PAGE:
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Intercultural Peace Building Quality Improvement Plan

Department/Program: Intercultural Peace Building
Review Date: November 12-14, 2019
Last Updated:

*Visiting Team Recommendations **Update on Actions Taken/Current Status Completed Date
The speed and size of growth of Intercultural Peacebuilding in an environment of a scarce resource, including human resources, is deeply concerning and the primary challenge faced by the program. Ideally, this challenge would be addressed at the institutional level, with increased or transferred faculty slots to meet growing student demand. But the university seems to have current resource constraints and other priorities that make this type of outside help unlikely. While the need for additional faculty slots will likely be persistent, some of the challenges we’ve outlined above could be addressed without additional institutional resources or attention. With that in mind, we offer the following recommendations:
1. Clarifying the Program’s Focus —As outlined above, the Intercultural Peacebuilding offers and impressive breadth of courses and content, but the exact logic that this breadth represents is harder to discern. We recommend that the program carefully consider how well current course offerings and program objectives align, and to make adjustments to either its courses offerings or objectives to create closer alignment.

2. Adjusting Course Scheduling —Small classes have been an advantage and strength of the program, allowing for instructors to develop good mentoring relationships with students. The IPB faculty rightly consider these close faculty-student relations to be an essential element of the program’s success. However, given its current personnel challenges, any continued increases in enrollments in the core courses (121, 221, and 480) are likely to strain the program’s ability to offer its full program. Given the program’s commitment to small classes, we recommend that the program consider how to maintain its commitment to small classes by finding ways to expand its course offerings. Potential solutions might include: 1) expanding full-time or part-time faculty to teach additional sections at all levels of the program; 2) reducing the number of elective courses in the catalog (by, perhaps, combining some courses) or offering these courses less often, thus freeing up full-time faculty to teach more sections of the core courses; or 3) forming (or re-forming) partnerships with like-minded programs (such Psychology, Political Science, and Communication) to expand the number of elective courses, thus allowing IPB electives to be offered less frequently and freeing up IPB faculty to teach more sections of the core courses.

3. Settling the David O. McKay Center —As we’ve noted above, the IPB academic program relies on the rich practical experience and lab opportunities inherent in the activities and community outreach of the David O. McKay Center for Intercultural Understanding. Unfortunately, the McKay Center is also currently draining the time and attention of the IPB faculty who are currently performing all of the Center’s administrative duties. This drain on the academic program is exacerbated by the center’s financial situation, which is highly unpredictable and unsustainable, creating acute challenges regarding its supporting activities. Since these activities are integral to maintaining a high quality IPB academic program, we recommend that both the program and the university administration carefully consider ways to make the McKay Center’s future more economically and administratively secure. Potential solutions might include: 1) strengthening it with appropriate staffing and financial support within the university structure;2) folding other university entities into the Center, such as Pacific Island Studies, to increase its funding stream and share its administrative load; or 3)finding a way to make it financially and administratively independent of the university yet still remain in a supporting role to programs such as IPB.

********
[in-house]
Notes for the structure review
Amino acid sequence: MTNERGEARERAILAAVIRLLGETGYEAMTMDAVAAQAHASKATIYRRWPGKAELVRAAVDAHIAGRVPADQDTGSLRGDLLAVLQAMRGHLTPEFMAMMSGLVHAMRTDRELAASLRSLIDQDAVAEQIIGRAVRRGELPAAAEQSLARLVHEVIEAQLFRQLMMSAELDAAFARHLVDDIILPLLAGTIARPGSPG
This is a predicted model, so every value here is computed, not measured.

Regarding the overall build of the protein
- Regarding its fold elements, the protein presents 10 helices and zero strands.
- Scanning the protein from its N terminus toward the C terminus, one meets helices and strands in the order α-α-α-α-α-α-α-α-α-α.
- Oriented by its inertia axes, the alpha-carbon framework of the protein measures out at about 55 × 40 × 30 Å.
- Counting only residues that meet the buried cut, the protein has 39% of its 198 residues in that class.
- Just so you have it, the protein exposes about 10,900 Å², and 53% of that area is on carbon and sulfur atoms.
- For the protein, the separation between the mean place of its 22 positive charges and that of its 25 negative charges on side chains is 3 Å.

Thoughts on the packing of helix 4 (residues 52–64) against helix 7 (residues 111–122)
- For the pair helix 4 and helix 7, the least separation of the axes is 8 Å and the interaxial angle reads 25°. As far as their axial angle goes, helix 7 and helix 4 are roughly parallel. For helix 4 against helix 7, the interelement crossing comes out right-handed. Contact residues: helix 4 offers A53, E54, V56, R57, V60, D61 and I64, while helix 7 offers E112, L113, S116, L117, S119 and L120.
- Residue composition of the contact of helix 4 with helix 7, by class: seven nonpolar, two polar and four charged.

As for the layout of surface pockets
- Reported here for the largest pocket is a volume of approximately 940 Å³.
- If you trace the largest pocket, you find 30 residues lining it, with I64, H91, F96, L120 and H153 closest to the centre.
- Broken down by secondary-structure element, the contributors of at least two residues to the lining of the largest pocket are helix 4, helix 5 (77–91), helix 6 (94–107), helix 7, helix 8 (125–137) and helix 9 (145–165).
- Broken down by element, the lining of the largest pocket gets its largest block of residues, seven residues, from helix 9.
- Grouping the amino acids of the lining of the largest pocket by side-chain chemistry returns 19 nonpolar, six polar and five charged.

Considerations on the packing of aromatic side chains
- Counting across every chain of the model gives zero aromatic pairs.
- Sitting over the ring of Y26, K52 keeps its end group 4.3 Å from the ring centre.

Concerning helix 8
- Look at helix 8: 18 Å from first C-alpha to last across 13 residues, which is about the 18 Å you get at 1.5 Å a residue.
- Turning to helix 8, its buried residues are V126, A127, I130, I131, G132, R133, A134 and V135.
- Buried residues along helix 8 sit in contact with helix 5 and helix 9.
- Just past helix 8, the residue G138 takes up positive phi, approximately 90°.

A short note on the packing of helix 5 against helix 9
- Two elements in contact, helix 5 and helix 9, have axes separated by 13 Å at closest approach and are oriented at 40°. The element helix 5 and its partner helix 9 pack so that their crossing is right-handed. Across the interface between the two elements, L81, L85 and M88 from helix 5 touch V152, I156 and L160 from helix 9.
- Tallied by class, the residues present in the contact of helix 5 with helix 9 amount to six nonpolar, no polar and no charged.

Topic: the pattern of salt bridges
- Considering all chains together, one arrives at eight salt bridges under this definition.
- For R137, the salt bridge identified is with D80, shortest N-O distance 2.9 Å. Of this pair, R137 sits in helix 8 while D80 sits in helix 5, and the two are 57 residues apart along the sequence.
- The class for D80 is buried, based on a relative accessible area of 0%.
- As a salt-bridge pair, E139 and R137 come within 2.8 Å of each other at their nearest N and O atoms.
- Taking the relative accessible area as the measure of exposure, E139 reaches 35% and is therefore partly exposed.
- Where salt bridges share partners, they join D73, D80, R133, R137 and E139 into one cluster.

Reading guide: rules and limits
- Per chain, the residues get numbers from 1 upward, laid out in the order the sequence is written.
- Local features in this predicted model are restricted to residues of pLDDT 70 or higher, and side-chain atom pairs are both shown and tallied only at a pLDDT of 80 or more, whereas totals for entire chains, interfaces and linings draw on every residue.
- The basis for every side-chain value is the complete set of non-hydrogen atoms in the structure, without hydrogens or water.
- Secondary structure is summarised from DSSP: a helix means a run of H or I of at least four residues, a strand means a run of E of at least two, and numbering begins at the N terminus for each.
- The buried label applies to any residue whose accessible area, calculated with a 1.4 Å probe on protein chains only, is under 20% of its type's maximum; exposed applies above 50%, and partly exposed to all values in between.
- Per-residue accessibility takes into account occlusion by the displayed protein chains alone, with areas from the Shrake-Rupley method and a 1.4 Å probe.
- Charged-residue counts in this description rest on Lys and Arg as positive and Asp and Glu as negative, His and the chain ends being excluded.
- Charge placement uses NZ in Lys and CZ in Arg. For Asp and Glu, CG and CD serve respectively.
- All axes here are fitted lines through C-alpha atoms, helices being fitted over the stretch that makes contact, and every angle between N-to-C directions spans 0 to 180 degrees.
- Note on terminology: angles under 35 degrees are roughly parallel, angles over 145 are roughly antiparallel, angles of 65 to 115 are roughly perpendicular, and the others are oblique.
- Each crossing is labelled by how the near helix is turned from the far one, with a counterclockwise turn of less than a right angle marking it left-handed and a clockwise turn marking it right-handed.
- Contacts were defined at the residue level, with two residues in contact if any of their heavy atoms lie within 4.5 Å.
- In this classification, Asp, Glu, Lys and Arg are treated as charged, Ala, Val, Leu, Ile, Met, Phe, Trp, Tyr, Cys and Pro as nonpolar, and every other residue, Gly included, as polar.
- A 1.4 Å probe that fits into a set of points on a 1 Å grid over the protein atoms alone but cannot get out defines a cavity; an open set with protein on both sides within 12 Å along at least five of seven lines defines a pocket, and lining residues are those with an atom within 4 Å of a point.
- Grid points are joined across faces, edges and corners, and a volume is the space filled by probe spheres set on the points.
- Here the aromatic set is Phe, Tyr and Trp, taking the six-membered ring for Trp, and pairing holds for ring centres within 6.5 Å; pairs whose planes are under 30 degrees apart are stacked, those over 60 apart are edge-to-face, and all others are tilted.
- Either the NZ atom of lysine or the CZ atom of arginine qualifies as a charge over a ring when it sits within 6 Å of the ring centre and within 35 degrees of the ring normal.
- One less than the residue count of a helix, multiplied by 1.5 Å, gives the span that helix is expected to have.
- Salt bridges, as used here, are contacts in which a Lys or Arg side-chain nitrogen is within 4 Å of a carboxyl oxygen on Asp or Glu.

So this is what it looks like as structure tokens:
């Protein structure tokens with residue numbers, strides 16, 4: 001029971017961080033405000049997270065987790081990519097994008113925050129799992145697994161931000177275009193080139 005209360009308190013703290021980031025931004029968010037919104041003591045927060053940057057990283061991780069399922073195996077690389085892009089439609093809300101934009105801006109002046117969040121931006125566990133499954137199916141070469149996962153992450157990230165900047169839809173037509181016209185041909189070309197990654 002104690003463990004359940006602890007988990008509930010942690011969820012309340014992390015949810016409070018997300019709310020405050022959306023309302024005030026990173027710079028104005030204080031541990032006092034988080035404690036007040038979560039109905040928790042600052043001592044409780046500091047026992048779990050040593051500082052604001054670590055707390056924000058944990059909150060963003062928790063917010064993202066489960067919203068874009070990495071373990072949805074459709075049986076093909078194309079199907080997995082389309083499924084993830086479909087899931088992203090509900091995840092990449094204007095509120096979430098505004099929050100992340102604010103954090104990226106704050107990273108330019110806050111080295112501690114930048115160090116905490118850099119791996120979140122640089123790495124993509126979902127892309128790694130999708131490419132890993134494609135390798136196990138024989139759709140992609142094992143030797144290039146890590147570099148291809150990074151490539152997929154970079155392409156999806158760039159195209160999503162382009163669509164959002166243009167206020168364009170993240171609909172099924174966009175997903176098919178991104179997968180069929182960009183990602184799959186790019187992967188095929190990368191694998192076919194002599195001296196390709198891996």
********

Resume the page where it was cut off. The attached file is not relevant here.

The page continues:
4. Identifying Enrollment Solutions —Although, as we’ve noted above, the Intercultural Peacebuilding program clearly advances a core purpose of the university, is increasingly popular with students, and is advantageous to student career opportunities, exactly how those dynamics translate into ideal enrollment levels is less clear. Unlimited growth is unrealistic. Restricting growth to a small number of students (relative to demand) may unnecessarily constrain student choice, foster an elite culture in the IPB program, and fail to fulfill the university’s core purpose. Given the difficulties of these trade-offs, and with limited knowledge of institutional priorities, we offer no specific solutions to the fundamental challenge of rising enrollment in the Intercultural Peacebuilding program. But we so strongly recommend that the program and the university administration engage in a collaborative analysis to consider institutional priorities and establish appropriate strategies for identifying and maintaining ideal (and sustainable)enrollment levels for Intercultural Peacebuilding majors and certificates.